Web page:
A behind the scenes look at film and television Prop making peppered with everything else creative we do!
When I lent my services to a collegue who was working on a film about 12 years ago, I was introduced to the world of cnc. I remember watching this huge machining centre milling out a slab of mdf and turning it into a fantastic set of gears. I knew that it would have taken me hours to achieve the same thing with traditional power tools. I decided then that I would invest in a cnc router for my own business Oxenham Design. At that time I could turn on a computer, but even to check email seemed like a crazy set of operations. I persevered and learned every piece of relevant software I could get my hands on. I am now fortunate enough to be using Vectric's ASPIREsoftware, and Techno cnc routers, which has helped us to create some amazing projects, both in part, or in full. I thought that this blog would be a great place to share "behind the scenes" adventures with the software, materials and equipment we use, as well as the projects we build.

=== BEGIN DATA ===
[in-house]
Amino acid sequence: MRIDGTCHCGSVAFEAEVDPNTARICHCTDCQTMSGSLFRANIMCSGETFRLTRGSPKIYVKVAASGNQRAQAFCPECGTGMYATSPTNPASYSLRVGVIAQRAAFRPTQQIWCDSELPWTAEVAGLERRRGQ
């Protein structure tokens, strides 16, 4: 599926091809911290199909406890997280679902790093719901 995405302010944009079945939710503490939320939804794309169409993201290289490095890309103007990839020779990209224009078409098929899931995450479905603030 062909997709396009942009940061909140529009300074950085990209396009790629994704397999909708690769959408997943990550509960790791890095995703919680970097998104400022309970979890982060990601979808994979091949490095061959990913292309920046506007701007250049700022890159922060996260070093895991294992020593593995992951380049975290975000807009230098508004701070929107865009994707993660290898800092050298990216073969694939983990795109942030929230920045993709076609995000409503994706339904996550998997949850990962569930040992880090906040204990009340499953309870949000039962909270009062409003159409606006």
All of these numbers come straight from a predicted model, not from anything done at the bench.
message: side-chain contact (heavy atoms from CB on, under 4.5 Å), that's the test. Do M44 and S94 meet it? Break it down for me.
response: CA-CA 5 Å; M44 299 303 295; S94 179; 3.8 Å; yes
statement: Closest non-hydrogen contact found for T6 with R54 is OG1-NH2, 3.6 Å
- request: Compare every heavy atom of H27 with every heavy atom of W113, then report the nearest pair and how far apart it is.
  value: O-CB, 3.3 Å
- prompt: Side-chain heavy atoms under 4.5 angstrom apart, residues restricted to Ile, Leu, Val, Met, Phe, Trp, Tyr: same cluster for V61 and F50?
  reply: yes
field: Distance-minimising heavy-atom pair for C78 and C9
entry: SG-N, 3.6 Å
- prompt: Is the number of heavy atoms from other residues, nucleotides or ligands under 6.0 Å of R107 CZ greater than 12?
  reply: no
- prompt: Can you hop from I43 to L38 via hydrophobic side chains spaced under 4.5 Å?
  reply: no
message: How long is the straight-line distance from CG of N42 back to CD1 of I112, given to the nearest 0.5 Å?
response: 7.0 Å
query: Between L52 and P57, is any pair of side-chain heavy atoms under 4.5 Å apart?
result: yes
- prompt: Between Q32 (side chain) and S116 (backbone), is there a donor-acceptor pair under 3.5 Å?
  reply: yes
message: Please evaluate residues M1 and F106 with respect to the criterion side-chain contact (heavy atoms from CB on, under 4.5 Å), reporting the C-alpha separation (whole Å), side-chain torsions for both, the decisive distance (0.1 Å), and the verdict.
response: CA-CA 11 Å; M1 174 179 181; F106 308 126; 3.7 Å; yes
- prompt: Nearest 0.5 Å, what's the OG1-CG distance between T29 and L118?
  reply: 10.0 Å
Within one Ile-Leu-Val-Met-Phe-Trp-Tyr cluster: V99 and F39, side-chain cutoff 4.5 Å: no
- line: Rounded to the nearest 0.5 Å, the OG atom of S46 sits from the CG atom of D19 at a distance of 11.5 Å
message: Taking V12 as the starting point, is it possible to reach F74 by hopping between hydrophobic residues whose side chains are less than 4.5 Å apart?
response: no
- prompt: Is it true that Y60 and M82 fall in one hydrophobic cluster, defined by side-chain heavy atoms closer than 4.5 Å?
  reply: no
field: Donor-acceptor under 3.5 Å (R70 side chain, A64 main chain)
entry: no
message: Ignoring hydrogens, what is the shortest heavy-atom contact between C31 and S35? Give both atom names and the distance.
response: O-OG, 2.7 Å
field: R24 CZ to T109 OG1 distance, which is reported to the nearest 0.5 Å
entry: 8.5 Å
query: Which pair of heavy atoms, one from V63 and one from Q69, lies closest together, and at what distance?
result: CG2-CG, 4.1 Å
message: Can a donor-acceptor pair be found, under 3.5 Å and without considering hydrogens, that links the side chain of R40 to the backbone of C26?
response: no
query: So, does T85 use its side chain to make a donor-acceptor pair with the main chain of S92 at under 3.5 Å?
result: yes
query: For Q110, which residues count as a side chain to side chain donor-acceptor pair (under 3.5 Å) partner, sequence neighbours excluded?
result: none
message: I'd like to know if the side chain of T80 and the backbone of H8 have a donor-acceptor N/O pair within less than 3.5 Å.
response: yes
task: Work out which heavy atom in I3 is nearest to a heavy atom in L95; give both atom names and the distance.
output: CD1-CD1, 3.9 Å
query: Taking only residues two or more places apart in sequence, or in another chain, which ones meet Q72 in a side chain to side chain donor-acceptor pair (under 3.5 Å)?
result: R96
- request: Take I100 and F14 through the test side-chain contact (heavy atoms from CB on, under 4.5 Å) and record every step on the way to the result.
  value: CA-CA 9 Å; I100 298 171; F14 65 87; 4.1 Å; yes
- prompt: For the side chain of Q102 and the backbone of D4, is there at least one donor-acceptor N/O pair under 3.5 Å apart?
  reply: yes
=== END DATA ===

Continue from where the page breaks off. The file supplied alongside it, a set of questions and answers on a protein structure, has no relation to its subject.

Tuesday, 13 November 2012
A blast from the past!
While we work on our current job with an NDA, I came across some pics of older stuff I thought you might like to see. By old, I mean a couple of years, not decades!
This was a small piece for the kids show "World of Wonder" They wanted a simple hot air balloon that would deliver the mail from around the world to the WOW headquarters. The basket was resin cast from a sculpt of wicker we had done. The miniature sandbags were fabbed from HDU that was carved to shape. And the balloon was actually an over-sized Christmas ball that is used in retail Christmas displays. I think the ball was around 20" in diameter! It couldn't be overly delicate, as they had to lower it into frame on a pole while it was loaded with mail.
This frosty piece of art was for a Wrigleys gum billboard ad. The package was the real package, and the frosty ice was made from a combination of spray window frosting, and salt! With a spritz of glycerine and water for the melted portions of ice. The glycerine kept the "water drops" from flattening out. It looked this frosty all day long under the studio lights.
This was a wall section of many from a trade show display from the launch of the video game "The Secret World" The "parging" was 1/2" mdf, and the bricks were styro-foam. I used 1/4" mdf brick cutouts placed on the sheet of 4" styrofoam, then using a propane torch, I flamed where the mortar would be. The cutouts protected the brick portions, and recessed the mortar lines. We then had the brickwork hardcoated with a 2 part urethane truck bed coating system. It was seriously durable.
I'll try to upload more photos when I find them. There were a lot of interesting elements to this display.
At the time of the build, this was the trailer for the game. Based on that, I wish this was a movie!